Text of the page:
March natural gas futures fell in moderate trading Wednesday as traders noted the market's continued inability to reposition itself above the psychologically important $4 resistance level. At the closing bell March futures were 5.5 cents lower at $3.921 and April had lost 6.9 cents to $3.961. March crude oil posted a gain of 67 cents to $84.99/bbl.

"The market has made a couple of attempts to get back over $4 and it just can't do it," said a New York floor trader. "I think there is only one way left for the market to go, and that is lower. I think we have seen the worst of the winter, and unless there is some extreme weather it is very unlikely this market gets back over $4. $3.50 to $3.60 is what traders are talking."

He added that funds and large traders were "protecting" the $4 level [by additional selling as needed]. "I don't think it is that hard to do once prices approach $4, and we are hearing a draw of 228 to 241 Bcf. If anything, the funds will be happy if they get a pop out of the number and will use it as a selling opportunity."

Estimates of Thursday's Energy Information Administration inventory report are spread across a wide range. A Reuters survey of 30 traders and analysts revealed an average of 233 Bcf with a range from 209 Bcf to 259 Bcf, and industry consultant Bentek Energy used its North American flow model to forecast a pull of 241 Bcf. Houston-based IAF Advisors expects a withdrawal of 239 Bcf. Last year 190 Bcf was taken from storage at this point in the heating season and the five-year average stands at 150 Bcf.

If the Bentek figure is correct, it would be only 2 Bcf shy of the season's record 243 Bcf pulled from storage on Jan. 14. Bentek is looking for Thursday's report to show a pull of 121 Bcf from the East Region, 94 Bcf from the Producing Region and 26 Bcf from the West Region. For 2010 the East Region saw a pull of 107 Bcf, the Producing Region 63 Bcf and the West Region 21 Bcf.

Citi Futures Perspective analyst Tim Evans expects a 215 Bcf withdrawal for Thursday's report followed by a weather-tempered 64 Bcf pull for the week ended Feb. 18, and a 67 Bcf reduction for the week ended Feb. 25.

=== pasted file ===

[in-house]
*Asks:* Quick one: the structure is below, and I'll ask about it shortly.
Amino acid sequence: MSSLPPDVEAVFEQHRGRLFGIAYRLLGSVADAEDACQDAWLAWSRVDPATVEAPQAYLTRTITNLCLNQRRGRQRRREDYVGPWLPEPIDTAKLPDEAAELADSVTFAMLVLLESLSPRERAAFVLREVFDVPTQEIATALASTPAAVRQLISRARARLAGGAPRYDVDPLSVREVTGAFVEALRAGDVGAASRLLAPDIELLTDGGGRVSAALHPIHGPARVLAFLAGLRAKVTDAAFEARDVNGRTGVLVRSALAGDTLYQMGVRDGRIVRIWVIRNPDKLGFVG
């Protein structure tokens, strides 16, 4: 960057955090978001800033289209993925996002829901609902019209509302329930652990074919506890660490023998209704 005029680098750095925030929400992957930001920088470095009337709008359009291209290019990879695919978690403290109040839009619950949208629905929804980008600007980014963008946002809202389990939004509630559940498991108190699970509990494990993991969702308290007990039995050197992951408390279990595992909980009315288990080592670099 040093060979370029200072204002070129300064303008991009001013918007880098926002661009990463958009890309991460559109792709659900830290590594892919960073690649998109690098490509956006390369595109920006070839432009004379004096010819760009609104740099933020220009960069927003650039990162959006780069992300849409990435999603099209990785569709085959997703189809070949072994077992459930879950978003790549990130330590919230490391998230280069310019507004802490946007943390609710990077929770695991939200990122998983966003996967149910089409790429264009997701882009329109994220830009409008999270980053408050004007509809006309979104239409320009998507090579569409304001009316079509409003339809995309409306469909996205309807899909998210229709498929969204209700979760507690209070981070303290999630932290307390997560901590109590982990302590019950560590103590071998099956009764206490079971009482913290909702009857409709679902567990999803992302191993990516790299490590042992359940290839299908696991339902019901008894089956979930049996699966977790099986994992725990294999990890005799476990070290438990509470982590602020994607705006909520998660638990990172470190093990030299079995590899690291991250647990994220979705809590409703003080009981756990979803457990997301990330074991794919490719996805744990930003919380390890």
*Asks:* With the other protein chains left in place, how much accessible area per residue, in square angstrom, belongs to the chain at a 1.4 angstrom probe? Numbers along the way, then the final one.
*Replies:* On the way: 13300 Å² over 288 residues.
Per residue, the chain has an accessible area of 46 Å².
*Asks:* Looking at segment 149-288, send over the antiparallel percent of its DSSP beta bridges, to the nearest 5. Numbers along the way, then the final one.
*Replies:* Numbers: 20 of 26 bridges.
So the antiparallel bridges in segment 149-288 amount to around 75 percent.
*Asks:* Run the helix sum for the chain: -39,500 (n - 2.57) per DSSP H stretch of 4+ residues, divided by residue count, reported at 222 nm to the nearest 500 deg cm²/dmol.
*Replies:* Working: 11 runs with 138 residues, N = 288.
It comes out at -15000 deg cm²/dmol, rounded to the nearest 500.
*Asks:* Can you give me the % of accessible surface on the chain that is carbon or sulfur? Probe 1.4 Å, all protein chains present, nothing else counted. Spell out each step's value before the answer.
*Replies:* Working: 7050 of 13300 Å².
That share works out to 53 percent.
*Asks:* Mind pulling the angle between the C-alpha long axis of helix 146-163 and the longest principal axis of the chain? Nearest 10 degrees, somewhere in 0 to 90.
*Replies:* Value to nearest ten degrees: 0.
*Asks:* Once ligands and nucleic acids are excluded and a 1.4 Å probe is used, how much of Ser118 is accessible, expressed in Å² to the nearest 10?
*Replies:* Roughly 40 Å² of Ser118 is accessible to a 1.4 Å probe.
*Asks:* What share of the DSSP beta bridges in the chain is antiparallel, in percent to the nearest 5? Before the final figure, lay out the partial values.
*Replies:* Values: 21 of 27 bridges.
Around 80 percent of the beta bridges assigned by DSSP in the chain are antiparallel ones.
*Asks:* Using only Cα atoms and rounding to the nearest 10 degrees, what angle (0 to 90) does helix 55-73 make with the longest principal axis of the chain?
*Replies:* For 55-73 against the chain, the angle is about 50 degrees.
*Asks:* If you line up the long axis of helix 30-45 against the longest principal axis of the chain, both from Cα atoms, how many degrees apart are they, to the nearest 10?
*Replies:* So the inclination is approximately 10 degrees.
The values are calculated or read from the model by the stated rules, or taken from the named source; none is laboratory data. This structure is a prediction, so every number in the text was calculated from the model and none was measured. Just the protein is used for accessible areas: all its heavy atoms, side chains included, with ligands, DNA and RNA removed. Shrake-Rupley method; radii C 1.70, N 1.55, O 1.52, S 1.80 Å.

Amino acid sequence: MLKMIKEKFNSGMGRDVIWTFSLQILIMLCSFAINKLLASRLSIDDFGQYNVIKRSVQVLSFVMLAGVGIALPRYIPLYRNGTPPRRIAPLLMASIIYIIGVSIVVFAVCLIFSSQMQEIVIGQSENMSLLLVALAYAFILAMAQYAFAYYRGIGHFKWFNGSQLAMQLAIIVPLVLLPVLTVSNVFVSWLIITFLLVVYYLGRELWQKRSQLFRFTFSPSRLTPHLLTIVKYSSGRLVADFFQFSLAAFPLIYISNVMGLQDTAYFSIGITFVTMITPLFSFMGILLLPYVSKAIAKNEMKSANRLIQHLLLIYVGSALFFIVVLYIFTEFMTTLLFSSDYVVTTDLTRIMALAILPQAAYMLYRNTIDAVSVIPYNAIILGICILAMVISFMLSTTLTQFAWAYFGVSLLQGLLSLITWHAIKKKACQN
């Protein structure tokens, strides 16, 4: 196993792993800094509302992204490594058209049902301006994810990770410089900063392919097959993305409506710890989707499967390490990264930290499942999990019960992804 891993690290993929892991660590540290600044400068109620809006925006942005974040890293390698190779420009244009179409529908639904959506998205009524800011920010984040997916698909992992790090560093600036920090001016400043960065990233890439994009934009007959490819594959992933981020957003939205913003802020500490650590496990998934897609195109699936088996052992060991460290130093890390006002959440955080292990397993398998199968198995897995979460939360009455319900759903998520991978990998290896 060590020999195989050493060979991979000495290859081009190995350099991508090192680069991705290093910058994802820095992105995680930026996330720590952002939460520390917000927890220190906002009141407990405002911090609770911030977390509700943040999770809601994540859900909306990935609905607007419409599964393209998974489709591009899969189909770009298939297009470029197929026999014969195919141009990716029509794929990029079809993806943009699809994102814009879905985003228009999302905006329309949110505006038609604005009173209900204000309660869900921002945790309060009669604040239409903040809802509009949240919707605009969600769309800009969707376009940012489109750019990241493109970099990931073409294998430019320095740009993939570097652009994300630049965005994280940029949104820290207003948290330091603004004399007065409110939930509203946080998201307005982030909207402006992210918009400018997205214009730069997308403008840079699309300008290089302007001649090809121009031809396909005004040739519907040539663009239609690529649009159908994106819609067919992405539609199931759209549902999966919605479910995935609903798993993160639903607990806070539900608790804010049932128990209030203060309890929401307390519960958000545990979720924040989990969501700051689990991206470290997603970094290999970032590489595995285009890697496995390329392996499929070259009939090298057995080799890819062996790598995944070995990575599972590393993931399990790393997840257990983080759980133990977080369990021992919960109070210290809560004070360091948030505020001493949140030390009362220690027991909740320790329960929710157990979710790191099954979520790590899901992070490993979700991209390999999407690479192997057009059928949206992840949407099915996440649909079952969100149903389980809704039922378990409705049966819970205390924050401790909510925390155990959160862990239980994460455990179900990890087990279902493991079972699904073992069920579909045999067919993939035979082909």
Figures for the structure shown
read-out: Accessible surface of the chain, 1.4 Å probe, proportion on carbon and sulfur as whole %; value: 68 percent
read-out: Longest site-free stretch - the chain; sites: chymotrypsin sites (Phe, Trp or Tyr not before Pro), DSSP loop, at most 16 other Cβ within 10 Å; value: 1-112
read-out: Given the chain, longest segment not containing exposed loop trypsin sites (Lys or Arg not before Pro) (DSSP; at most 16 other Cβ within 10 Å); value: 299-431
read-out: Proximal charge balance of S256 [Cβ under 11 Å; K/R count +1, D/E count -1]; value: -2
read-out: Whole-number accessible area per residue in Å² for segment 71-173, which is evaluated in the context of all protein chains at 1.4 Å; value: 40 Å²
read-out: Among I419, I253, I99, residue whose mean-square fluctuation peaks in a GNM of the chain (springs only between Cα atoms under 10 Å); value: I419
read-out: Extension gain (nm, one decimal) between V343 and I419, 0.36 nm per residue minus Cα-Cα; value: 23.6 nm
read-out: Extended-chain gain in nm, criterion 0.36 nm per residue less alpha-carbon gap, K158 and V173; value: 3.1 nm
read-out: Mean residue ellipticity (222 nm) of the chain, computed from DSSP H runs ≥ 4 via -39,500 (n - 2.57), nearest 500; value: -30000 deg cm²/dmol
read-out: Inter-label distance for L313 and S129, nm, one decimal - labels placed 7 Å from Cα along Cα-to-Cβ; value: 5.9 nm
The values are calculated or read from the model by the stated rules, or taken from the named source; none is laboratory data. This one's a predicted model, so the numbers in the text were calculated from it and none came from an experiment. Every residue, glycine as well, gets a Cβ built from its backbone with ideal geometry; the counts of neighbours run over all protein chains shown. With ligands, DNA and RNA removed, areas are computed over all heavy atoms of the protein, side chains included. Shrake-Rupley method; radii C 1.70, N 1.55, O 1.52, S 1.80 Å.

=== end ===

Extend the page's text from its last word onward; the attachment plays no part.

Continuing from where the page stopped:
In spite of today's setback other traders have a modestly bullish bias. They see the March contract's correction from a high of $4.496 early in the month to recent overnight lows of $3.86 as largely having run its course. Jim Ritterbusch of Ritterbusch and Associates said in a Tuesday afternoon note to clients, "We have shifted off of a bearish stance and into a bullish posture in which we favor purchases of the April contract on pullbacks to around the $3.95 area."

Tim Evans of Citi Futures Perspective said in his Tuesday commentary to enter the market by buying April futures on a stop order at $4.07 with a protective sell-stop at $3.87 once the position is initiated.

Analysts note a strong seasonal tendency for prices to advance at this time of year. "This is the time of the year when everyone is typically bearish on natgas, and every year there is a new list of reasons why it is safe to be short natgas into Q1," said Walter Zimmerman of United-ICAP. "Last year the reasons included shale gas and LNG [liquefied natural gas] cargoes. Last year natgas bottomed at $3.810 on April 1 then rallied to a $5.194 June 15 high. While winter-to-spring rallies are not as profitable or reliable as summer-to-fall rallies, they still have their history."

Zimmerman himself is looking for further price erosion. "We are well aware of how bearish everyone is on natgas. We ourselves are still targeting further downside," he said in a weekly analysis sent to clients. "However, we do not see a break below the $3.212 low as an imminent deal. Meanwhile, the sentiment just fell to only 21% bulls -- the lowest reading since the $3.212 low. If it gets that low, we suspect natgas will ricochet higher from the $3.480 area."

©Copyright 2011 Intelligence Press Inc. All rights reserved. The preceding news report may not be republished or redistributed, in whole or in part, in any form, without prior written consent of Intelligence Press, Inc.